A pair of proposals that would have limited the amount of state funding lost by Carroll County Public Schools over the next three years was approved by the county's state senators, supported by the Board of Carroll County Commissioners and pleaded for by local education officials.
But the measure appears to have stalled in the House of Delegates and is not included in the state budget as legislators put the finishing touches on the fiscal year 2015 budget.
"We are greatly disappointed," Superintendent of schools Steve Guthrie said on April 1.
As the budget stands, Carroll is facing a $3.1 million decrease, or two percent, in state funding this year.
"Even flat revenue causes us to decrease in one area," Guthrie said. "A declining revenue further compounds that issue."
From fiscal years 2010 through 2015, the school system will have lost more than $6 million in funding from the state.
In mid-March, the Senate approved a $39 billion budget which included an amendment that would have recouped about $1.1 million in state education funding losses that the county school system was anticipating.
Although the $1.1 million represented less than one percent of state funding to the school system, school officials had referred to the amendment as the "best-case state scenario."
Senate Bill 534, also included in the Senate's version of the budget, would have instituted a 50-percent hold harmless provision over the next two years on state education funding for school systems experiencing declining enrollments and funding through the state's Thornton calculations, which factor in enrollment and county wealth.
If approved, the bill could have saved Carroll schools $1.1 to $1.6 million in each of the next three years.
Among the bill's five Republican sponsors are state Sens. David Brinkley (Frederick and Carroll counties), Joseph Getty (Baltimore and Carroll counties) and Allan Kittleman (Howard and Carroll counties).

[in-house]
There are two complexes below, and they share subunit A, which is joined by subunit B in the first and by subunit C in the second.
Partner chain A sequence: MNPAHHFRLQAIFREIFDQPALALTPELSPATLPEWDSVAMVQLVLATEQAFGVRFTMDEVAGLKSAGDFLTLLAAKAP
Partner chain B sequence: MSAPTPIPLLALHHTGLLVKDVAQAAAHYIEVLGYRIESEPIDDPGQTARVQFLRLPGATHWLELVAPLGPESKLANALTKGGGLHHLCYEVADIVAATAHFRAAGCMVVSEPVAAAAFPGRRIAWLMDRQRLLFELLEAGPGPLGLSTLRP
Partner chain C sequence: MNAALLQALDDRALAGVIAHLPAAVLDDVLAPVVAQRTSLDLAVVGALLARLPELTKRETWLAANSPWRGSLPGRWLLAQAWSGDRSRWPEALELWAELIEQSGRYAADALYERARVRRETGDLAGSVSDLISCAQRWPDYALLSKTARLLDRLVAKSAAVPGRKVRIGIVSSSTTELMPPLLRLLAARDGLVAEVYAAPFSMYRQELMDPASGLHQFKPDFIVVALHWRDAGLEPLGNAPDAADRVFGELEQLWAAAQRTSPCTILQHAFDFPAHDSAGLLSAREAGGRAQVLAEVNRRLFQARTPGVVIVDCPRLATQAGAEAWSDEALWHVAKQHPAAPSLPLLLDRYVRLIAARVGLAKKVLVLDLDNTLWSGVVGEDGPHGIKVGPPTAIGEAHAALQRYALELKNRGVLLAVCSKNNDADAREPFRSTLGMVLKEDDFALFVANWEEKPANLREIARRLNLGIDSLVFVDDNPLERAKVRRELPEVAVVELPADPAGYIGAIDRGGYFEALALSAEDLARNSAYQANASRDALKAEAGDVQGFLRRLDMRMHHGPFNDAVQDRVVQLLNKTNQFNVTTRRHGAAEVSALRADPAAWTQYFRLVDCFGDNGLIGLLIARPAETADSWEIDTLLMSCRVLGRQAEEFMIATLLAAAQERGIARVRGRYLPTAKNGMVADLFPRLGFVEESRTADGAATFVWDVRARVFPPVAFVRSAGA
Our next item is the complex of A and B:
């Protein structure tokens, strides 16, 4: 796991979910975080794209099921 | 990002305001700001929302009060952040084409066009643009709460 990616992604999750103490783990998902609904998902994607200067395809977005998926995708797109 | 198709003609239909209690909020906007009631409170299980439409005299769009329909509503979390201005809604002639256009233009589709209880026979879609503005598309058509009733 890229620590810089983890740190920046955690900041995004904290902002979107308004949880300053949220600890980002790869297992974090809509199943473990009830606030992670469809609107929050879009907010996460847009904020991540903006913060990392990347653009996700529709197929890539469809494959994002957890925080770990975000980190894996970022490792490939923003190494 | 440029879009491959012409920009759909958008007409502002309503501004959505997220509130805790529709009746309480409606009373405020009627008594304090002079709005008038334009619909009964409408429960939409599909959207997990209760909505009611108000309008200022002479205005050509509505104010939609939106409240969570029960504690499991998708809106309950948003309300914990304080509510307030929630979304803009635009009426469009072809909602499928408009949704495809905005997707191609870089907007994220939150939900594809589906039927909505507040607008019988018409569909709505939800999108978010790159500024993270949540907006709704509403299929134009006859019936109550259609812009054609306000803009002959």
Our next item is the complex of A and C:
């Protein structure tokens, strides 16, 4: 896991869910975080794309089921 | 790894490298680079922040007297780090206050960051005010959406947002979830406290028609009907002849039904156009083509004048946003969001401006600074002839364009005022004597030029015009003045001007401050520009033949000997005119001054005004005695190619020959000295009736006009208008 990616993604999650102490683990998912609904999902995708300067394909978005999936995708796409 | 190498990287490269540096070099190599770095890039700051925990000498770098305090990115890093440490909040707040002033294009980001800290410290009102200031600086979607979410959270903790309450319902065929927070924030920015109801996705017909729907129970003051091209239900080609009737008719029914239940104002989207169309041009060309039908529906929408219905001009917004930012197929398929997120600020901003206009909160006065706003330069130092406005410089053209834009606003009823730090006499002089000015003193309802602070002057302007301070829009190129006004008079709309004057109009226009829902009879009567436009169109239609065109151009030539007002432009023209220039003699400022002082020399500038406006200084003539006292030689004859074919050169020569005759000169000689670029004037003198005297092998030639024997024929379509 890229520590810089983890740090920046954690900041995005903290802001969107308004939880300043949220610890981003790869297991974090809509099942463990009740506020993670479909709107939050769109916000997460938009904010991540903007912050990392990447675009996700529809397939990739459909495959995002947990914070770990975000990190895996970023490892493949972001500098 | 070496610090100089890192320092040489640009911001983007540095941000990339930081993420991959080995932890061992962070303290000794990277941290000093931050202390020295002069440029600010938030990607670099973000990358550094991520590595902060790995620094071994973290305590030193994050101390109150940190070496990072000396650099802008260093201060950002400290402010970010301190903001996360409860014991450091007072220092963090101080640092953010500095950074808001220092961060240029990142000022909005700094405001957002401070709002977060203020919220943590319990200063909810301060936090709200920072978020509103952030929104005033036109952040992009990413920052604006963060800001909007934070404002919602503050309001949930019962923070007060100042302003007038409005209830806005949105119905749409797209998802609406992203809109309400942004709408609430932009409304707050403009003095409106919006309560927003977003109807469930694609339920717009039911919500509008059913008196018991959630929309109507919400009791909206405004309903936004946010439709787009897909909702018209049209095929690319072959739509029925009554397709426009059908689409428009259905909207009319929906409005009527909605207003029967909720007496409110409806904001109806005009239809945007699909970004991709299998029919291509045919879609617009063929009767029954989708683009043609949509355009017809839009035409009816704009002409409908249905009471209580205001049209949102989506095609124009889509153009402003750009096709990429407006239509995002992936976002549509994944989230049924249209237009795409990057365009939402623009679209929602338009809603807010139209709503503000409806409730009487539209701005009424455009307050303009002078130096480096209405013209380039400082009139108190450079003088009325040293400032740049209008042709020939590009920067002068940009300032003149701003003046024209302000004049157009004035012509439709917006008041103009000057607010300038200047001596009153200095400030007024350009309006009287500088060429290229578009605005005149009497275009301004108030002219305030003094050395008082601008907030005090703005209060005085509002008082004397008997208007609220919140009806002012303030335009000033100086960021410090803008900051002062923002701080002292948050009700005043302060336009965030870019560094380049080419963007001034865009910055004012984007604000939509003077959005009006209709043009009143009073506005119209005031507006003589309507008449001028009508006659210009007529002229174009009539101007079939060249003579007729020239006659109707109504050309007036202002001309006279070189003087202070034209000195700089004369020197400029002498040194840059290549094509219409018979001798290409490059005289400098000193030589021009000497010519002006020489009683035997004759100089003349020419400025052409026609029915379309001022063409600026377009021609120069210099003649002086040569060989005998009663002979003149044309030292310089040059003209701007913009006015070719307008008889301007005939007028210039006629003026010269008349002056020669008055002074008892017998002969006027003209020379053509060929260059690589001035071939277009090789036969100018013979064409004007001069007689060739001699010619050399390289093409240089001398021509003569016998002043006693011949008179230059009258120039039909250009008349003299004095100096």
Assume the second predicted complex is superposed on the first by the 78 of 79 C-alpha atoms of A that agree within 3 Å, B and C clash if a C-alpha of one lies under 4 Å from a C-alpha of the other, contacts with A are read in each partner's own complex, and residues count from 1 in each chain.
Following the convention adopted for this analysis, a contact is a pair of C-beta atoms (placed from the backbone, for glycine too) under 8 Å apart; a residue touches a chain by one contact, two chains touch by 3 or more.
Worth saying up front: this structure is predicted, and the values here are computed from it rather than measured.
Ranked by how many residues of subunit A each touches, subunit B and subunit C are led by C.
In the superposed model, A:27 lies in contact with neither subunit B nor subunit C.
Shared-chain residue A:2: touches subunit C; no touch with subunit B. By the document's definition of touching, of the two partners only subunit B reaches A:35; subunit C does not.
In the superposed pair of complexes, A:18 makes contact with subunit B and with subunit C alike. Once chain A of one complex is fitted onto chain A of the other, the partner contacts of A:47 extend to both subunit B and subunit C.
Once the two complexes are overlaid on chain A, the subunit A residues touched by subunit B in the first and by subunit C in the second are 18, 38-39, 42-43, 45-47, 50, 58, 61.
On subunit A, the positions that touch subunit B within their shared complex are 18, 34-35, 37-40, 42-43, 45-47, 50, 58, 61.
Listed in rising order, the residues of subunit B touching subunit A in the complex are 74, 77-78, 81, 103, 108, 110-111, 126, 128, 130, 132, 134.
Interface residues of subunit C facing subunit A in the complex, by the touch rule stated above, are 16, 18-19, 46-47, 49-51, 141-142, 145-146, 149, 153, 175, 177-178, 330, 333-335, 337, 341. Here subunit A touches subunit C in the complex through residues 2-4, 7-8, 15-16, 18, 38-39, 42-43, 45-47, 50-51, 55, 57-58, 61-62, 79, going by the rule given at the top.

Getty called the measures an attempt to "cushion" the financial losses to Carroll County.
He argued that if Carroll's delegates would have supported Gov. Martin O'Malley's budget proposal, that the amendment and bill would have made it into the House version of the budget.
"I know that the chairman of appropriations was receptive to this proposal," Getty said, citing conversations with Del. Norm Conway, a Wicomico County Democrat, who chairs the House Appropriations Committee.
But while SB 534 passed the Senate, 47-0, the house version ran into trouble when the House Education and Economic Development Subcommittee voted to remove the amendment. The bill was rejected on the House floor when proposed by Del. Susan Krebs, an Eldersburg Republican.
Carroll delegates caution that approving this funding would not have been as easy as Getty made it out to be.
"For them [senators] to imply what would happen in the House, they have no knowledge of that at all," Krebs said.
Del. Justin Ready, a Westminster Republican, acknowledged that a delegate's vote on the budget may result in additional funding for a particular issue, but said that there are no guarantees.
"This was not an easy decision, I went back and forth," he said of his vote.
Ready said this was a "very tiny amount" of funding leveraged by the House majority in an attempt for Republican votes on the state's $39 billion budget.
He added that he believes the state's under funding of teachers' pension plans is more damaging to education than the loss of this funding.
Del. Nancy Stocksdale, a Westminster Republican on the House Education and Economic Development Subcommittee, cast the lone vote against stripping the amendment during the subcommittee deliberations.
Stocksdale said she is sympathetic to county teachers, but pointed out that the Carroll education funding was not in the state budget proposal voted on in the House.
She added the budget represented a $2 billion increase in spending, which was too much for her.
"My constituents in Carroll County want smaller government," she said.
Carroll delegates have met with Jared Billings, Gov. O'Malley's education policy advisor, to request funding be included in a supplemental budget.
"There's still time if the administration or majority leadership wants something done," said Del. Don Elliott, a New Windsor Republican. "They still have time to do it."
On March 31, during the first meeting of the Senate and House conference committee, legislators rewrote the hold-harmless legislation to only apply to school systems with 5,000 or fewer students, thus only applying to Garrett and Kent counties.
Carroll has more than 27,000 students, according to the school system's website.
The sponsors of HB 814 include representatives of Garrett and Kent counties.
"If the House delegation had the same priority [on funding education], beginning on Jan. 8, they could have come up with an alternative plan to come up with some additional education aid for Carroll County," Getty said.Copyright © 2014, The Baltimore Sun